In today’s economy, most people are in no position to turn down a job offer over trivial issues, but teen-agers apparently don’t consider access to social-networking sites to be a trivial issue.
According to the results of the seventh annual Junior Achievement/Deloitte Teen Ethics Survey, 88% of the 1,000 U.S. teens aged 12-17 who were surveyed by telephone use social networks daily, 70% said they spend at least one hour on social-networking sites daily and 58% said access to social networks would be a factor when considering job offers.
Use of social networks isn’t all fun and games, however, as the poll also found that 51% of respondents had used social-networking sites to help others, 44% had used them to encourage or support others and 29% to create awareness for a cause.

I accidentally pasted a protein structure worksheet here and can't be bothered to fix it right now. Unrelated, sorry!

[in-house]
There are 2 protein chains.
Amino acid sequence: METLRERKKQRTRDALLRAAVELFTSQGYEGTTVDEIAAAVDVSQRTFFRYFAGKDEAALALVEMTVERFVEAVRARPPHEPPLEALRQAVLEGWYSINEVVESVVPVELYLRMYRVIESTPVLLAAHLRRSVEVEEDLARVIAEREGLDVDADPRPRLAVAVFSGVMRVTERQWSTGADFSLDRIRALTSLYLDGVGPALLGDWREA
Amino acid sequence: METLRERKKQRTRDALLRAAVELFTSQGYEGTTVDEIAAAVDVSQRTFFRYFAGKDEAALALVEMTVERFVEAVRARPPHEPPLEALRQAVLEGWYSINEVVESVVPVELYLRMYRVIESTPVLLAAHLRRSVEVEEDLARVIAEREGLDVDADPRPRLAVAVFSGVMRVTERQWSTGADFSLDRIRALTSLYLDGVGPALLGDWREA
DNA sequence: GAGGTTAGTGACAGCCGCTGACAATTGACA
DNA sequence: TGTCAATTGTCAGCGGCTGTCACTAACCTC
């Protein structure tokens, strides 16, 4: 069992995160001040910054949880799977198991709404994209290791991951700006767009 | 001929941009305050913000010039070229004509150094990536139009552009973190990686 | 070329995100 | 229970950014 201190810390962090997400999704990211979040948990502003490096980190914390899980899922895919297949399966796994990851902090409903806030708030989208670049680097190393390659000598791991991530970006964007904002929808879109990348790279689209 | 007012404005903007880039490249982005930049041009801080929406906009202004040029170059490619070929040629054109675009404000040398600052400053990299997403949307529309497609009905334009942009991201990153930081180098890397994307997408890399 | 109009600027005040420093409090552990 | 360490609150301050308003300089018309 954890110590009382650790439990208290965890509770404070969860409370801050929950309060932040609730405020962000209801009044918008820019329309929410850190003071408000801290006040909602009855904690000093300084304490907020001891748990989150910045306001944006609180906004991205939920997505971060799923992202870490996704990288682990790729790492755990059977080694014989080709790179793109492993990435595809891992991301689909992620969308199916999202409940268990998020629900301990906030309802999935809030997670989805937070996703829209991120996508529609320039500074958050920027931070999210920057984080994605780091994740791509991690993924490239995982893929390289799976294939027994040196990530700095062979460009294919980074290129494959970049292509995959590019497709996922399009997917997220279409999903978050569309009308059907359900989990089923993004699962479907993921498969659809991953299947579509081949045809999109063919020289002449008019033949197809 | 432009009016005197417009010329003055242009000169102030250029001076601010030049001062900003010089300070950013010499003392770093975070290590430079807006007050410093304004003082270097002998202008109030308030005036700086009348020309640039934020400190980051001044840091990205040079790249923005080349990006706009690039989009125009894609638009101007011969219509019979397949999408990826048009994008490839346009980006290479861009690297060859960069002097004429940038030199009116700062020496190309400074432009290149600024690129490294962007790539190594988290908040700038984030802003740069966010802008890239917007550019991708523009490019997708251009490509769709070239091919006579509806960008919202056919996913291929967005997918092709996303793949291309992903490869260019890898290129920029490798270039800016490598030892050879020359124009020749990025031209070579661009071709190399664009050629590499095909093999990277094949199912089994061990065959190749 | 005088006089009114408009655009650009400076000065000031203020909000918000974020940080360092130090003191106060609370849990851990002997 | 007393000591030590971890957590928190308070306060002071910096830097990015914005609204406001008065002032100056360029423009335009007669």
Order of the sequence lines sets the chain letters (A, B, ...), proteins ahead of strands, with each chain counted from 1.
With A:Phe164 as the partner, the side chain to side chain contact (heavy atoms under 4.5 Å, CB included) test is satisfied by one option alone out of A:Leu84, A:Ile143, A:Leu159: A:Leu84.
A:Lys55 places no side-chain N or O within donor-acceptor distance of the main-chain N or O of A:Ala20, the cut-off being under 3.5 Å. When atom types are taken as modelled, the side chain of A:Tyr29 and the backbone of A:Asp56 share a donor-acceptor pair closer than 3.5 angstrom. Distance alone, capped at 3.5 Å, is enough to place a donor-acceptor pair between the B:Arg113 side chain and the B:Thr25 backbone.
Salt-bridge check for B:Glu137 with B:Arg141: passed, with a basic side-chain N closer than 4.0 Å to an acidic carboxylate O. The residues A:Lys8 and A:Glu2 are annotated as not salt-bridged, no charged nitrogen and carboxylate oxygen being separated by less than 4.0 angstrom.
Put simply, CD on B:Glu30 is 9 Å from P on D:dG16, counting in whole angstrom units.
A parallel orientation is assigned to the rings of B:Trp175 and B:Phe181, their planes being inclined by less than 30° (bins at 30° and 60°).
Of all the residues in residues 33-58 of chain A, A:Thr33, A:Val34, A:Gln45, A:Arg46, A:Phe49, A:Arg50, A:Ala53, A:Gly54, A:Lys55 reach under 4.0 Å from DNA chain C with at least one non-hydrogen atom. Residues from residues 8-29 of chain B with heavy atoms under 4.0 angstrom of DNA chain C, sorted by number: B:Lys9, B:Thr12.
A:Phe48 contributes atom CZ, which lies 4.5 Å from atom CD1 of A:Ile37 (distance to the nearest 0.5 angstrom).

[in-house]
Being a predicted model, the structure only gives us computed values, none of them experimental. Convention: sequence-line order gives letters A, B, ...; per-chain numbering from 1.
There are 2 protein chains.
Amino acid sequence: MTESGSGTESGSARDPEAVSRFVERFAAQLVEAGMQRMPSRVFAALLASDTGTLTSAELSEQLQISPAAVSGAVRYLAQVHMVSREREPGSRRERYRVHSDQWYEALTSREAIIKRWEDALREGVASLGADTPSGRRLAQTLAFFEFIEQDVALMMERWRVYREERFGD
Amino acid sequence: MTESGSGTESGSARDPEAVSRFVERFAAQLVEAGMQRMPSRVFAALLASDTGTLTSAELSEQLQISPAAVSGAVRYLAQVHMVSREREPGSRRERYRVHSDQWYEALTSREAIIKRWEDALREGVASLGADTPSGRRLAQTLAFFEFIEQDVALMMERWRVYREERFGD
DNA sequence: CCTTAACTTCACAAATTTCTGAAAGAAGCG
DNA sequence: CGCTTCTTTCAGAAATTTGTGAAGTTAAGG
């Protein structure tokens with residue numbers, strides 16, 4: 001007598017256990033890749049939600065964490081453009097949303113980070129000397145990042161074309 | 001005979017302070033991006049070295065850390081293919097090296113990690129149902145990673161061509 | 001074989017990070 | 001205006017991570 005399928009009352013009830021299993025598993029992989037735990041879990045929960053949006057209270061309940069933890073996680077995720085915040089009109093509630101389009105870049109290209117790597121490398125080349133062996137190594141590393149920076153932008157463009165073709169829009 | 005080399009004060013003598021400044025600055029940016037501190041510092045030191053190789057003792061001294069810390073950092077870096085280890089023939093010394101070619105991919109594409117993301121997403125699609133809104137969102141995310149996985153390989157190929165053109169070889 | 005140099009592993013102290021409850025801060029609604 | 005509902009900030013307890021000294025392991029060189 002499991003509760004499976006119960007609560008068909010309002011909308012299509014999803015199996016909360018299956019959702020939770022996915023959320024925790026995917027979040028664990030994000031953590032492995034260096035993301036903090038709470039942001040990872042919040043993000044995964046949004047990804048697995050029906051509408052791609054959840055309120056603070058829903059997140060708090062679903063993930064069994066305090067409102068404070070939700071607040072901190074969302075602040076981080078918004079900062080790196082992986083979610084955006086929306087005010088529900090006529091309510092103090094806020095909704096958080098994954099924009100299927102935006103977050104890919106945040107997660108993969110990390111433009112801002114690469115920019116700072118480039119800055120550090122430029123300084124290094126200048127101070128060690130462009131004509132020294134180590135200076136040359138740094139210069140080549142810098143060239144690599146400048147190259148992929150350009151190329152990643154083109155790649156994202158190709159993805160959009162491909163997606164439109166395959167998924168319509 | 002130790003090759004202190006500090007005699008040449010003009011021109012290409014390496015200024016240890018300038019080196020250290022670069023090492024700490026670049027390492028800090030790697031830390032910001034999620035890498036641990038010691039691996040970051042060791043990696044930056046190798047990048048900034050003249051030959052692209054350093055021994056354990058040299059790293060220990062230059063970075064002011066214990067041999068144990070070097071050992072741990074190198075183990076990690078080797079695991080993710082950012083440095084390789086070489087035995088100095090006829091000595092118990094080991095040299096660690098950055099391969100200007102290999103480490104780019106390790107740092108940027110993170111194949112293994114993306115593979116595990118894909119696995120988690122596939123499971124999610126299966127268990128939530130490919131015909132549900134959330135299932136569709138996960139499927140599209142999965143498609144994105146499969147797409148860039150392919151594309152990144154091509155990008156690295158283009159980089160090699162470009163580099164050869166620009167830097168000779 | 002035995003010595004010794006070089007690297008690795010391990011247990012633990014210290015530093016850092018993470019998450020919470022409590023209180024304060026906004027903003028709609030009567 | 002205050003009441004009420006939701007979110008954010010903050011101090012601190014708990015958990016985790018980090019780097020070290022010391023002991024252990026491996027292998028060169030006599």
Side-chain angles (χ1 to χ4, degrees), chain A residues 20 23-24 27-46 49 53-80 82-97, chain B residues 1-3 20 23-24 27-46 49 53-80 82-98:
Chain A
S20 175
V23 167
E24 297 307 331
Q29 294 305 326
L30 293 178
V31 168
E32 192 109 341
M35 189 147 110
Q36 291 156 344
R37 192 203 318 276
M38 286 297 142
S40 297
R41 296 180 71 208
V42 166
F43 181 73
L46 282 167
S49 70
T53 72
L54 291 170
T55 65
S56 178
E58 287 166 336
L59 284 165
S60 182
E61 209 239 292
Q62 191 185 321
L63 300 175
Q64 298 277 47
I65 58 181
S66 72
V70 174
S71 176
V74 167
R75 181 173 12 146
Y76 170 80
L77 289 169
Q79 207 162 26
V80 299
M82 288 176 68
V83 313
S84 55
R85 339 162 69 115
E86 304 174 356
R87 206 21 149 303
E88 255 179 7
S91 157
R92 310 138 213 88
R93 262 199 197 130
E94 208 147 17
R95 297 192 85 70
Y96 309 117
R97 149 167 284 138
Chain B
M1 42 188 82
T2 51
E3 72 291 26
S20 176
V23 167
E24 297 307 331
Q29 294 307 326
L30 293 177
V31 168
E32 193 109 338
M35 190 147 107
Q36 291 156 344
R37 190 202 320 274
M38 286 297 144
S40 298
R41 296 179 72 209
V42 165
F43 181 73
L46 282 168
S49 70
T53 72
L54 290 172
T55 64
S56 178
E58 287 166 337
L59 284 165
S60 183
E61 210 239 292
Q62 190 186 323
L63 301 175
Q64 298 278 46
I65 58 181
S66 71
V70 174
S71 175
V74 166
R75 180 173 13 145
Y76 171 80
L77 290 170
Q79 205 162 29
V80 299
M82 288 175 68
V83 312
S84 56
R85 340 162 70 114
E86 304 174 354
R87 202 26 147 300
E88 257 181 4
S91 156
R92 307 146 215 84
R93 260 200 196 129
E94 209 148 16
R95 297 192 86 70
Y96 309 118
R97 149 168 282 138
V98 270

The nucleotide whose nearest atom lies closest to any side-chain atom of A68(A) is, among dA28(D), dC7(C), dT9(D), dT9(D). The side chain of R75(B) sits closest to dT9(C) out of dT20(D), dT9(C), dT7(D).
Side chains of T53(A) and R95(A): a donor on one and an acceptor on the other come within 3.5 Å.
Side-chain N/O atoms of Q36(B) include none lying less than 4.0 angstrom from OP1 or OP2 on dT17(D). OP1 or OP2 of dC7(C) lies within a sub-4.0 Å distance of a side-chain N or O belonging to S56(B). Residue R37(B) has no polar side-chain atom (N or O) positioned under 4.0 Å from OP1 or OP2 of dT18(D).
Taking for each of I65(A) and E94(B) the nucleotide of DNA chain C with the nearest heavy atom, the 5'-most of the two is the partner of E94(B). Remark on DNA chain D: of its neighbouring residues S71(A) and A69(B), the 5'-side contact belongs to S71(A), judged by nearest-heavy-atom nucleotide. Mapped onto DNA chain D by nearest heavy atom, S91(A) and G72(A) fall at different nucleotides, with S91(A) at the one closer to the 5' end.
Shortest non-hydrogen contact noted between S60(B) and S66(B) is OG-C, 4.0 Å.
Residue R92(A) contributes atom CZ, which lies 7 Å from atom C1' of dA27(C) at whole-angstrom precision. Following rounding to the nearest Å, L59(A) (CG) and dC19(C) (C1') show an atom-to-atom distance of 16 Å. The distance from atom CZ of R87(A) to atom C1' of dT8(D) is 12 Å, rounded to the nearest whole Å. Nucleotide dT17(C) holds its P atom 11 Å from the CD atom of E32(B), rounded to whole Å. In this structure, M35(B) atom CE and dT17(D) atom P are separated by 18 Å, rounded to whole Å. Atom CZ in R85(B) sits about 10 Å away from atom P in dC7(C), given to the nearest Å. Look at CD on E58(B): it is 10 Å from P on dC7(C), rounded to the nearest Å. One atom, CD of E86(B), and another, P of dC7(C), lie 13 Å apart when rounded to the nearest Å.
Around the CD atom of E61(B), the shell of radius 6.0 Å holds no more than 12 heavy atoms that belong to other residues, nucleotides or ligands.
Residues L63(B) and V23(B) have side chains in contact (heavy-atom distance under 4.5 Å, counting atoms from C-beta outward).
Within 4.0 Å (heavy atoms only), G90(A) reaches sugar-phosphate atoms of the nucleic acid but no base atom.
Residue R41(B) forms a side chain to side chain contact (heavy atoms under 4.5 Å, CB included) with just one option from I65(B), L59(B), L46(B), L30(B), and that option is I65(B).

Ainar D. Aijala, global managing partner, consulting at Deloitte Touche Tohmatsu and immediate past chairman of JA Worldwide, said:
From an employer’s perspective, it’s clear that organizations need enhanced training and communication relative to social networking. This is particularly the case when more than one-half of the future talent pool feels so strongly about social networking that their ability to access those sites at work would play into their decision to take a job. Teens who will soon be entering the work force must understand the value of their “personal brand,” that their online postings live in perpetuity, and they also need ethical decision-making tools to help them understand the importance of behaving with integrity on- and offline.